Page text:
In accordance with this invention, a rattle 10 is provided which has a generally cylindrical housing 12 which contains a tube 14 that lies along the axis of the housing. Conveniently, tube 14 extends beyond the housing at one end to form a handle 16 for manipulating the rattle. As best seen in FIG. 2, tube 14 has a first closed end 18 and a second closed end 20 between which a sound producing device such as disk 22 in FIG. 1 or ball 24 in FIG. 2 can roll to produce a noise and to illuminate the device as described below. In this regard, disk 22 will roll end over end as illustrated in FIG. 1 and ball 24 will roll along the tube.

Conveniently, a plurality of lights such as light emitting diodes 26 is mounted along one side of tube 14 and extend through the side of housing 12, as shown. They are each connected in series with reed switches 28 to form separate light sets of a light emitting diode 26 and a reed switch 28. These light sets are then connected in parallel, as best seen in FIG. 3, to batteries 30 mounted in handle 16, as shown in FIG. 2. If desired, a push button switch 32 can be provided in the circuit and is mounted on the end of handle 16. Conveniently, disk 22 and ball 24 are made of magnetic material so that when they roll past the reed switches, they will be momentarily closed causing their respective light emitting diodes to be illuminated creating a pleasing effect for the infant or child who is playing with the rattle.

It will be understood that push button switch 32 is optional. If it is not in the circuit, then every time the rattle is tipped back and forth, the rolling ball or disk will make a noise as it rolls through the tube and will sequentially and momentarily illuminate each of the light emitting diodes. With the push button switch 32 in the circuit, it is necessary for the infant playing with the rattle to depress the switch in order to cause the lights to be illuminated upon manipulation of the rattle. Conveniently, when the device is provided with disk 22, the disk will roll end over end and will actually momentarily illuminate an LED 26 two times with each passage since the disk will turn end over end causing the reed switch to be closed twice with each passage of the disk. It will be understood that either the disk or the ball will be used but not both at the same time. Since the ball is also magnetic, it will also close each of the switches as it passes over it.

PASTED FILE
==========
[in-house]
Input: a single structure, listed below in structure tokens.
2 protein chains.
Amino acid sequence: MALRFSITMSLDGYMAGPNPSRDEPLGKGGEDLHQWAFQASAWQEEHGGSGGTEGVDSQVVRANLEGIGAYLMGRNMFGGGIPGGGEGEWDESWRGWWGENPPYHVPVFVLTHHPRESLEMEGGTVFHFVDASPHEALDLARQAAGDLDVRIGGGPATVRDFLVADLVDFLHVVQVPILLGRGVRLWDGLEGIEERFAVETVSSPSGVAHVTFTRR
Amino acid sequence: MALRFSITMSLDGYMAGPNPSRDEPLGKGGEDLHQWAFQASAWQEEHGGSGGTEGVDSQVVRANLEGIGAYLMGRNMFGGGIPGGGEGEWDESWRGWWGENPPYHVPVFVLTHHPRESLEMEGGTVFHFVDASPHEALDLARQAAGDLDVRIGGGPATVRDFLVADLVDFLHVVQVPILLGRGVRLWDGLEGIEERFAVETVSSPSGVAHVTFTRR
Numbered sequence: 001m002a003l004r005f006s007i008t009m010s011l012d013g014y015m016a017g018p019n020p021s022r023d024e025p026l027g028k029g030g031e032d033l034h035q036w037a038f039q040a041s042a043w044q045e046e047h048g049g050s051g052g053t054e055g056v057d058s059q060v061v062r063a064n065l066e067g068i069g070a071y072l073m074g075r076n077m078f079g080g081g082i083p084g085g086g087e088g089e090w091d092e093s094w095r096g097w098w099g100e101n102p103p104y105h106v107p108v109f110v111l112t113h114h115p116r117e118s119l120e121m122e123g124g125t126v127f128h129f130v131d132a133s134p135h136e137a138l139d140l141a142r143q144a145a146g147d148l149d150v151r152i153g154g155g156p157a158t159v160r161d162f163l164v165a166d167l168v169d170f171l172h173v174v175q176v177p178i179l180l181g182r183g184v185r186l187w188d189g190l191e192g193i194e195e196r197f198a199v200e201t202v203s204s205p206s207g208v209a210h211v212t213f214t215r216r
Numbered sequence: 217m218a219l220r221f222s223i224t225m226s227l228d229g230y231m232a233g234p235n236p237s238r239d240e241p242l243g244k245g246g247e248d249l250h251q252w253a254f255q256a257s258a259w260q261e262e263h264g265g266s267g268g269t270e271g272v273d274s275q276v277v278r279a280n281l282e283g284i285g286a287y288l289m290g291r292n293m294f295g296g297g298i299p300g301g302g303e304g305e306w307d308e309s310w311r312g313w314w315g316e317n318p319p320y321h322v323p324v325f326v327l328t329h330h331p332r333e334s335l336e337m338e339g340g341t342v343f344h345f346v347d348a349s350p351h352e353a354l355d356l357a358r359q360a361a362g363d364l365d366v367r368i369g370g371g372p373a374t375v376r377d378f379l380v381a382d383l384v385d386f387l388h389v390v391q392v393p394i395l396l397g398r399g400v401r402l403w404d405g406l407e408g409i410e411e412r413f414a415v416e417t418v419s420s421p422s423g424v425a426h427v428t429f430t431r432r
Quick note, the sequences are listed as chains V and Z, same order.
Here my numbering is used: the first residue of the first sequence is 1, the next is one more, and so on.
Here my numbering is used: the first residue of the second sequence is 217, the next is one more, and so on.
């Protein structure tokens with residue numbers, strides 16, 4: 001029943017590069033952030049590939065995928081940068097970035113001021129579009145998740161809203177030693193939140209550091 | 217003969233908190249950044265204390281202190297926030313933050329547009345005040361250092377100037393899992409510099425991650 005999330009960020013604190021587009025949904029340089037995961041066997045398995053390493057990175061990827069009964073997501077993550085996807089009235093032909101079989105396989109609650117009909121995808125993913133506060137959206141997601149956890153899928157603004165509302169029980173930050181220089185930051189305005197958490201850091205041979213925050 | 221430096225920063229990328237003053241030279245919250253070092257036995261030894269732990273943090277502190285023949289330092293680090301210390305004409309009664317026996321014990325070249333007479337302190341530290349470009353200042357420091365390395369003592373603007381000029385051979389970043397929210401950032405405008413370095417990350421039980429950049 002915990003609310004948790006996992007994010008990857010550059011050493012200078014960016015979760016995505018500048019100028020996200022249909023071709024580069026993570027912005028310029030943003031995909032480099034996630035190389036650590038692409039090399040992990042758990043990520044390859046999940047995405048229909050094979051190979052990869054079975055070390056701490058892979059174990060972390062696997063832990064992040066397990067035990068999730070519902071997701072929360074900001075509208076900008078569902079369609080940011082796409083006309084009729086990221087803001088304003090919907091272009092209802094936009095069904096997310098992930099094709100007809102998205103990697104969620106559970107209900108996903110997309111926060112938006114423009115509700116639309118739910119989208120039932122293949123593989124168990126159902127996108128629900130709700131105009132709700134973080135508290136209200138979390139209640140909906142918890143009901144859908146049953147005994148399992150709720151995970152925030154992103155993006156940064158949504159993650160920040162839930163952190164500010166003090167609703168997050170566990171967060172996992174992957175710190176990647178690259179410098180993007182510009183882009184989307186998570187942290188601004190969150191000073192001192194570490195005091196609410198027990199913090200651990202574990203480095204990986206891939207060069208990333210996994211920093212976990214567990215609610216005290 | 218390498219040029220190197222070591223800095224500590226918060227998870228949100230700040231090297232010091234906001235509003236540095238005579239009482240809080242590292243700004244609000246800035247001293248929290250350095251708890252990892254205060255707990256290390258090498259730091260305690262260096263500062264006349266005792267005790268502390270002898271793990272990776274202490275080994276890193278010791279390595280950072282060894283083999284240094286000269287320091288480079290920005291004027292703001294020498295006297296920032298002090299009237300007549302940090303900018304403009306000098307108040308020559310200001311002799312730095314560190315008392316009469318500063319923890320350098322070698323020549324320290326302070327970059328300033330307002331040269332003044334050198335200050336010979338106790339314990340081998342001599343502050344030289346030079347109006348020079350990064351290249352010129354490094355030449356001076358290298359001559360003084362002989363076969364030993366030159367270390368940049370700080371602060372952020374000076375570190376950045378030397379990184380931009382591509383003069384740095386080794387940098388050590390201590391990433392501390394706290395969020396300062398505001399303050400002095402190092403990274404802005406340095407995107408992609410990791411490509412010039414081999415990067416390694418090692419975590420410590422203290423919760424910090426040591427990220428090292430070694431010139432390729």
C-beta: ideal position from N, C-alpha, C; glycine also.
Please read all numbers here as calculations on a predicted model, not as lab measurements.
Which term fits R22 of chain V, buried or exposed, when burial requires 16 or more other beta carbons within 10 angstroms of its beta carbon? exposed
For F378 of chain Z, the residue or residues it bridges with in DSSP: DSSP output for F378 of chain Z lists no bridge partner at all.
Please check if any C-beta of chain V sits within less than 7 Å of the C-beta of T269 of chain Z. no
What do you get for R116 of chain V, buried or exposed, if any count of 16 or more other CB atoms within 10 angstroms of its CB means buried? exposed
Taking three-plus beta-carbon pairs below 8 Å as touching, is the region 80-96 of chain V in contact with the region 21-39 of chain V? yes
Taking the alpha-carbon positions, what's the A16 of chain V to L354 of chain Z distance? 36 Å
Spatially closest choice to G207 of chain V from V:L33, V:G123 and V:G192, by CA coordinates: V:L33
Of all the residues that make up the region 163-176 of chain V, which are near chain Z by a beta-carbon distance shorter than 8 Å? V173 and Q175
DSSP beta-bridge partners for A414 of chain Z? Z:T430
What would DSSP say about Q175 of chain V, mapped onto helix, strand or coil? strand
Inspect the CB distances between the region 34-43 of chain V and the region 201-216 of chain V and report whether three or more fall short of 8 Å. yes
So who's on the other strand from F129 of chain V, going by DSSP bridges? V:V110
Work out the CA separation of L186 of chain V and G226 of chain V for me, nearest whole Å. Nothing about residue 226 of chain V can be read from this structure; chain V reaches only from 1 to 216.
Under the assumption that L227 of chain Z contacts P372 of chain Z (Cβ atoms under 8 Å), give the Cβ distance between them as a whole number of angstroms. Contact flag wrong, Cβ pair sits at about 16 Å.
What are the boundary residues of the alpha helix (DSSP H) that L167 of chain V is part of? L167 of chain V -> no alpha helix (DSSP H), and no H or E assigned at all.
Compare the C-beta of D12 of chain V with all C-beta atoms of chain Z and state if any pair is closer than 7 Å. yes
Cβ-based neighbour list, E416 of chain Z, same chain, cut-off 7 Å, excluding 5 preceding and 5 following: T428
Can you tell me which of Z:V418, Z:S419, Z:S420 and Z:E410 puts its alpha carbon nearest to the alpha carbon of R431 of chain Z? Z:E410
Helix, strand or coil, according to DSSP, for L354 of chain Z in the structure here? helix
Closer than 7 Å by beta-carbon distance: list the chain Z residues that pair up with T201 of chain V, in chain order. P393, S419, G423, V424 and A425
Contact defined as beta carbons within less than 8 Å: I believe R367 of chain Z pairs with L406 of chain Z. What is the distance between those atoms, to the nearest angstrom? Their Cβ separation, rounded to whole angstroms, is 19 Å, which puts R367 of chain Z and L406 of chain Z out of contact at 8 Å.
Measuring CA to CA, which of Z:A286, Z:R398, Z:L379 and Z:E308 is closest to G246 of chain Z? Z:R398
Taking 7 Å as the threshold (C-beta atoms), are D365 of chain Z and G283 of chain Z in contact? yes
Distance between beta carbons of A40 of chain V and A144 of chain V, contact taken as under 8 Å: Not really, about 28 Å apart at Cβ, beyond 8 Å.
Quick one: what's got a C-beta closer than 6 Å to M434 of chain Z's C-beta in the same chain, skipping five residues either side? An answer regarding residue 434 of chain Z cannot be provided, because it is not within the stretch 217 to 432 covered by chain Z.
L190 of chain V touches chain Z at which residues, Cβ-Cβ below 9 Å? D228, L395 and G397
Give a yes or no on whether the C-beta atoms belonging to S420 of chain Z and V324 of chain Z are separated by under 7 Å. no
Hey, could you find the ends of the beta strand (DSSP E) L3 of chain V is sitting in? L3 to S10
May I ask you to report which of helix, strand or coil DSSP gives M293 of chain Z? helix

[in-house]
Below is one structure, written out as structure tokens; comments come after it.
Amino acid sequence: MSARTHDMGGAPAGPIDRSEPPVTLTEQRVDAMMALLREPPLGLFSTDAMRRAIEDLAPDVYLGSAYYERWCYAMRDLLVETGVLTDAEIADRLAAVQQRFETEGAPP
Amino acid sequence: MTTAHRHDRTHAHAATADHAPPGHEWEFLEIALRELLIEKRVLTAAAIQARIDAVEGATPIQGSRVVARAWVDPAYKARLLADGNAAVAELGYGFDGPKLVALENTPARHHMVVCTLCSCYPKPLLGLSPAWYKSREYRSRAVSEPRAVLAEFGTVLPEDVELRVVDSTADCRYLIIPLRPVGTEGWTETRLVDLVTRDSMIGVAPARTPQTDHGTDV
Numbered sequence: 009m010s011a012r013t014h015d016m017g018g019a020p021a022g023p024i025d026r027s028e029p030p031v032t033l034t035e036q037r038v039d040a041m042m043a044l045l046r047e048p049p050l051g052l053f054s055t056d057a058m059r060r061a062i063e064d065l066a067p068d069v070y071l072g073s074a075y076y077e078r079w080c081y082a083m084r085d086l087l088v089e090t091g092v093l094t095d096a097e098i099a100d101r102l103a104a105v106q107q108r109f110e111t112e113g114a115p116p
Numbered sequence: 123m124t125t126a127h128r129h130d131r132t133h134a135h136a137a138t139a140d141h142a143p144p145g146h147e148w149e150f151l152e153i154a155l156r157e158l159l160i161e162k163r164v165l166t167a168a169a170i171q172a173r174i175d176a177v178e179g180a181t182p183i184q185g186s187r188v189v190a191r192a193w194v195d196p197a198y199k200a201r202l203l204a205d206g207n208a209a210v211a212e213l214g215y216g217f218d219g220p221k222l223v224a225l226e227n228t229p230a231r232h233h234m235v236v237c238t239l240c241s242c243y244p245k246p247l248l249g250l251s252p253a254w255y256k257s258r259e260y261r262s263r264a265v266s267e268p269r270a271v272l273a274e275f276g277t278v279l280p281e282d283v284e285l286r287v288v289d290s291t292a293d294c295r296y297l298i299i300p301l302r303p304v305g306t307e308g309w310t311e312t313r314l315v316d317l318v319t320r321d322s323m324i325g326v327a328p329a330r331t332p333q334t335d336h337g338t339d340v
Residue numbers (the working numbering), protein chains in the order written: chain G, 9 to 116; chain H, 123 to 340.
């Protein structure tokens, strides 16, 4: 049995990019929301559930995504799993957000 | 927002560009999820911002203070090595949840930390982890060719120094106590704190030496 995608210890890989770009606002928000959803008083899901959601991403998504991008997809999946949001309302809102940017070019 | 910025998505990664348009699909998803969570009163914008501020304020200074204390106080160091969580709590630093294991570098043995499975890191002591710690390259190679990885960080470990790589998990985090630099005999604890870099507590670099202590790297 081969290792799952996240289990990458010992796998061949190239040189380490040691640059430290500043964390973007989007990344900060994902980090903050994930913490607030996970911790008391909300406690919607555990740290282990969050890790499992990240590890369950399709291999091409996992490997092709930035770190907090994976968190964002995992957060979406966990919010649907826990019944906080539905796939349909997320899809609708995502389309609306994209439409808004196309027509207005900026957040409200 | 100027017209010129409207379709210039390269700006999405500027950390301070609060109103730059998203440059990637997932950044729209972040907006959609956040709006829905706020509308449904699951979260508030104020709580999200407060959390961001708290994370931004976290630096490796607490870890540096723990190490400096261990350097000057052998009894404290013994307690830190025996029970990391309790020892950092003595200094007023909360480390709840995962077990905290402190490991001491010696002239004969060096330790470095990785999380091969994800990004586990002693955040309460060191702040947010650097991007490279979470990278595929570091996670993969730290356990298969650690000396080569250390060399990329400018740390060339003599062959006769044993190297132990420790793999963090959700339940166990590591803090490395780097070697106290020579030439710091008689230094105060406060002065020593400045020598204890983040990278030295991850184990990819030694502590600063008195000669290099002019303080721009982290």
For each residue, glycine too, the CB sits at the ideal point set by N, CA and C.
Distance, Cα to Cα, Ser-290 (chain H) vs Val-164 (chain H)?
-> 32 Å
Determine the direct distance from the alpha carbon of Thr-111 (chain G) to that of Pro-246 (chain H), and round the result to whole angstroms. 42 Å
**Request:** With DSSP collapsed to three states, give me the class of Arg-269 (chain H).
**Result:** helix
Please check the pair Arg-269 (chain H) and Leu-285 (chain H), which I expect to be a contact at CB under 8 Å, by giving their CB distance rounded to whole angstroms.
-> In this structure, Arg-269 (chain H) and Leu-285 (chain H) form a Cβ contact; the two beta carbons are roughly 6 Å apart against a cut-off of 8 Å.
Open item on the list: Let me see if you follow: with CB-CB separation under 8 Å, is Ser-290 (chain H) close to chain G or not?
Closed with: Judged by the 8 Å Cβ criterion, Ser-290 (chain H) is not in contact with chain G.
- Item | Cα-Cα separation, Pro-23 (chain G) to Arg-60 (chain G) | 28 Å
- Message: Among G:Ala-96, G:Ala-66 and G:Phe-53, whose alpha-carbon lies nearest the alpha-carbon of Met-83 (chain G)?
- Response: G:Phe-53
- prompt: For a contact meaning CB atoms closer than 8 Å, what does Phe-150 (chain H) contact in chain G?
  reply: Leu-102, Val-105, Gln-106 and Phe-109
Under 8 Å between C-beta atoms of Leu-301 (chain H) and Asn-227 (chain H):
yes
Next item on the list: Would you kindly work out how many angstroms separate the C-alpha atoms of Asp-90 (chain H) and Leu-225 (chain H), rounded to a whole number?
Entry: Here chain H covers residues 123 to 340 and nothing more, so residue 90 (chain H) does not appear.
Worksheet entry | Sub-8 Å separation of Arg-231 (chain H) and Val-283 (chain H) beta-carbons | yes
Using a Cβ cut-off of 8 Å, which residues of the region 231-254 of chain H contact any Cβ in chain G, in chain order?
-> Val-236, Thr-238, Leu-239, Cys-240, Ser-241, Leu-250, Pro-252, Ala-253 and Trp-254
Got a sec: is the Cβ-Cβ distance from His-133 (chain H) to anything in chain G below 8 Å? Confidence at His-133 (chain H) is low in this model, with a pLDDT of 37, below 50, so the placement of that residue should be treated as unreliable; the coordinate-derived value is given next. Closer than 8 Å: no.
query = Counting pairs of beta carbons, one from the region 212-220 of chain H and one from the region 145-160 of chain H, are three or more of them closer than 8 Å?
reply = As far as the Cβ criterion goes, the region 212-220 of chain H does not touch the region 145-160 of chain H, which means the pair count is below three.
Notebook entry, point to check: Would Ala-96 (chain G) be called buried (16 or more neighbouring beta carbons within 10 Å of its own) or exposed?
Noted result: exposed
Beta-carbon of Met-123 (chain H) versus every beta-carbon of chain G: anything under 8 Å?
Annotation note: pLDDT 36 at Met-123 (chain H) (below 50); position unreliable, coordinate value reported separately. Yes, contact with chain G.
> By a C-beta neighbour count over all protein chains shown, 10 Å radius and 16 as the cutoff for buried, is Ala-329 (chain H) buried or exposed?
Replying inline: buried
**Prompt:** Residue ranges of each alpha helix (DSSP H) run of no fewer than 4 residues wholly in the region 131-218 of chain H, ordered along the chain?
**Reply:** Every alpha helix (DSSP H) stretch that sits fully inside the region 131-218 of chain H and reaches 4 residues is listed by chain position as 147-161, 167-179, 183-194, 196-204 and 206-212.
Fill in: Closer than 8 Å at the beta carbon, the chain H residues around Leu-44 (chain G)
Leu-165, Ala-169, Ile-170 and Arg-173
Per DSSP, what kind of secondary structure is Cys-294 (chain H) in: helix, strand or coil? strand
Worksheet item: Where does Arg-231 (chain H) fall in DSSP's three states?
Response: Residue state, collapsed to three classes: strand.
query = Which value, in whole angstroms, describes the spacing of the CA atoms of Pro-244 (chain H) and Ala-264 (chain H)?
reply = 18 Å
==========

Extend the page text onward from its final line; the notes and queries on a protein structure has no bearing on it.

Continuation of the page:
Advantageously, the LEDs may be of different colors to further enhance the enjoyment of playing with the rattle.

From the foregoing, the advantages of this invention are readily apparent. A rattle has been provided wherein the noise making device within the rattle services a dual purpose of not only making noise but also providing intermittent illumination of the device to further enhance the enjoyment of playing with it. This is accomplished by connecting light-emitting diodes in series with reed switches that are momentarily closed by the noise-making device which is made of magnetic material causing the reed switches to close as it passes over them.

The invention has been described in detail with particular reference to preferred embodiments thereof, but it will be understood that variations and modifications can be effected within the spirit and scope of the invention.

Patent Citations
Cited PatentFiling datePublication dateApplicantTitle
US1780004 *Dec 23, 1926Oct 28, 1930Connelly Eugene Le MoyneFlash light
US1959835 *Nov 22, 1930May 22, 1934Francis R MeginnissSwitch
US2484159 *Sep 26, 1947Oct 11, 1949Jr Charles A FlynnBaby rattle
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Classifications
U.S. Classification446/130, 446/419, 362/802, 446/485, 362/205
International ClassificationA63H5/00, G10K3/00
Cooperative ClassificationY10S362/802, G10K3/00, A63H5/00
European ClassificationG10K3/00, A63H5/00
Legal Events
DateCodeEventDescription
Feb 27, 1984ASAssignment
Owner name: NEPTUNE CORPORATION 1445 HOLLAND ST., LAKEWOOD, C
Free format text: ASSIGNMENT OF ASSIGNORS INTEREST.;ASSIGNOR:SWENSON, PAULA S.;REEL/FRAME:004233/0826
Effective date: 19840203
Dec 12, 1989REMIMaintenance fee reminder mailed
May 13, 1990LAPSLapse for failure to pay maintenance fees
Jul 24, 1990FPExpired due to failure to pay maintenance fee
Effective date: 19900513